A 4.0 Might Get You Into College But It Will Kill Your Orange Tree

With only a couple months left in the growing season I decided today's the day to check soil pH throughout the garden. I've had 6-7 months to watch which plants grew well and which flopped—like my watermelon and cucumber. Now I have to figure out why.

I planted my first crop of seeds at the end of January just to experiment with how early I can push the growing season. The answer is: not that early. There were too many variables working against the warm weather crops like tomatoes and squashes—short days, cold nights, strong winds, and critters that were hungry for fresh seedlings. I ended up planting several more rounds of seeds throughout early spring and summer and some of those plants fared much better. Others not so much.

This summer I visited Bellefontaine Nursery in Pasadena and asked owner Alan Uchida why some of my crops seemed stunted, even in perfect weather. My biggest concern was that I chose  a bad brand of potting mix. To my relief, the brand I use is the brand Alan recommends (Kellogg/G&B). He helped me load my car with bags of earthworm castings and top dressing and suggested I monitor other factors that could be affecting growth. By the way, the Uchida family has been in the nursery business for generations. Their shop only closed for a few years during World War II when the family was sent to Japanese internment camps. Read their inspiring story here.

After months of monitoring the garden here's what I've discovered in my first year:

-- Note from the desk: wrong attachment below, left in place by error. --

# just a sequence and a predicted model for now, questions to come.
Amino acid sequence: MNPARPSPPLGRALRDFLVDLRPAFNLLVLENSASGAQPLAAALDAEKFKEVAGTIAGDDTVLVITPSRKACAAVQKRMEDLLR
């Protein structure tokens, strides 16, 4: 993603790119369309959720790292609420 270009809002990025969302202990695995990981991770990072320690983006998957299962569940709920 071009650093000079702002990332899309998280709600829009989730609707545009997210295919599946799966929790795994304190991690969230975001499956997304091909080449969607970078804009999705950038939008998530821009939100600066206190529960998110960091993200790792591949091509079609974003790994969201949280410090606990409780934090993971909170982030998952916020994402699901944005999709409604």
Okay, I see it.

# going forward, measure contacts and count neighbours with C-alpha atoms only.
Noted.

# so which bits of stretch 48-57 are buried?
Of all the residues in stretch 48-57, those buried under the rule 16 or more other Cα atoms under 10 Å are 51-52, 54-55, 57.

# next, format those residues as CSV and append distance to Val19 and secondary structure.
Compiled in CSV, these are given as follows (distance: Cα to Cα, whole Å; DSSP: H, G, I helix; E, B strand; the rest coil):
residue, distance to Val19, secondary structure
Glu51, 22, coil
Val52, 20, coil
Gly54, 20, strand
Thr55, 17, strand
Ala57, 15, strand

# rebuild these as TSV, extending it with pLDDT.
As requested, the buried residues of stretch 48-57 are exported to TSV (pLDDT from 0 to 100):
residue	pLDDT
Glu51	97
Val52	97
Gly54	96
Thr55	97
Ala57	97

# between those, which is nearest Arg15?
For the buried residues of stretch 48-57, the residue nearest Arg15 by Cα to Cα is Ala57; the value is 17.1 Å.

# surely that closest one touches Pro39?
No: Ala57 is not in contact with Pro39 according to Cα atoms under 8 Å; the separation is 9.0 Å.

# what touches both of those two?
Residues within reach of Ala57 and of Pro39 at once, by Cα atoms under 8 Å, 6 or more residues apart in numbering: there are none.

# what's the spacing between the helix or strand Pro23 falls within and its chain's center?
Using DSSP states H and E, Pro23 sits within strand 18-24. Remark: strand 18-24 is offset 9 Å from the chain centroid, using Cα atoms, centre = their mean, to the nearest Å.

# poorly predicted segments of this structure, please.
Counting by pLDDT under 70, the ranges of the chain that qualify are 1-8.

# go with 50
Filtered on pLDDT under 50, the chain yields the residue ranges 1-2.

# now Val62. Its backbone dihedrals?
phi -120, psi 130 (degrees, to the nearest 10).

The position of the yard, position of the house, and location of large trees on the property create microclimates. There are pockets of shaded cooler still air and other areas where plants are blasted with hot sunny Santa Ana winds.

The soil composition varies greatly throughout the property from decomposed granite and heavy clay to sandy loam and lawn areas previously amended with topsoil. The wind makes surface soil dry very quickly, whereas deeper clay soils have drainage issues. The soil pH is fairly neutral, but many planting areas are too alkaline.

Every gardener seems to recommend mulch everywhere so that's exactly what I did this year. That is, until the Argentine ants made the mulch their home and attracted ants into our house. I'll be writing a future post all about those invasive mini monsters. But for now, I've scraped away much of the mulch from planting areas nearest our home.

Critters will always be a challenge. Those Argentine ants also create colonies around root balls that have killed some of my ornamentals. Pocket gophers pull roots and shoots down into their tunnels. And then there are the squirrels, birds, mice, aphids, squash beetles, citrus scale, hornworms and leaf miners. Not to mention the coyotes who will stop at nothing to get at a fresh batch of stinky compost.

To me the joy of gardening still outweighs all the frustrations, so I just take it one headache and harvest at a time. Today's problem is pH...

A neutral pH reading is 7. That means the soil is neither acidic nor alkaline. A pH reading lower than 7 is more acidic, whereas a pH reading higher than 7 is more alkaline. Typically when you purchase an all-purpose potting mix or garden soil blend, the manufacturer takes pH into consideration and you'll often get a product in the 6.0-7.5 range. Because I blend my potting mixes and soil amendments with the native soil on my property, the pH varies from pot to bed.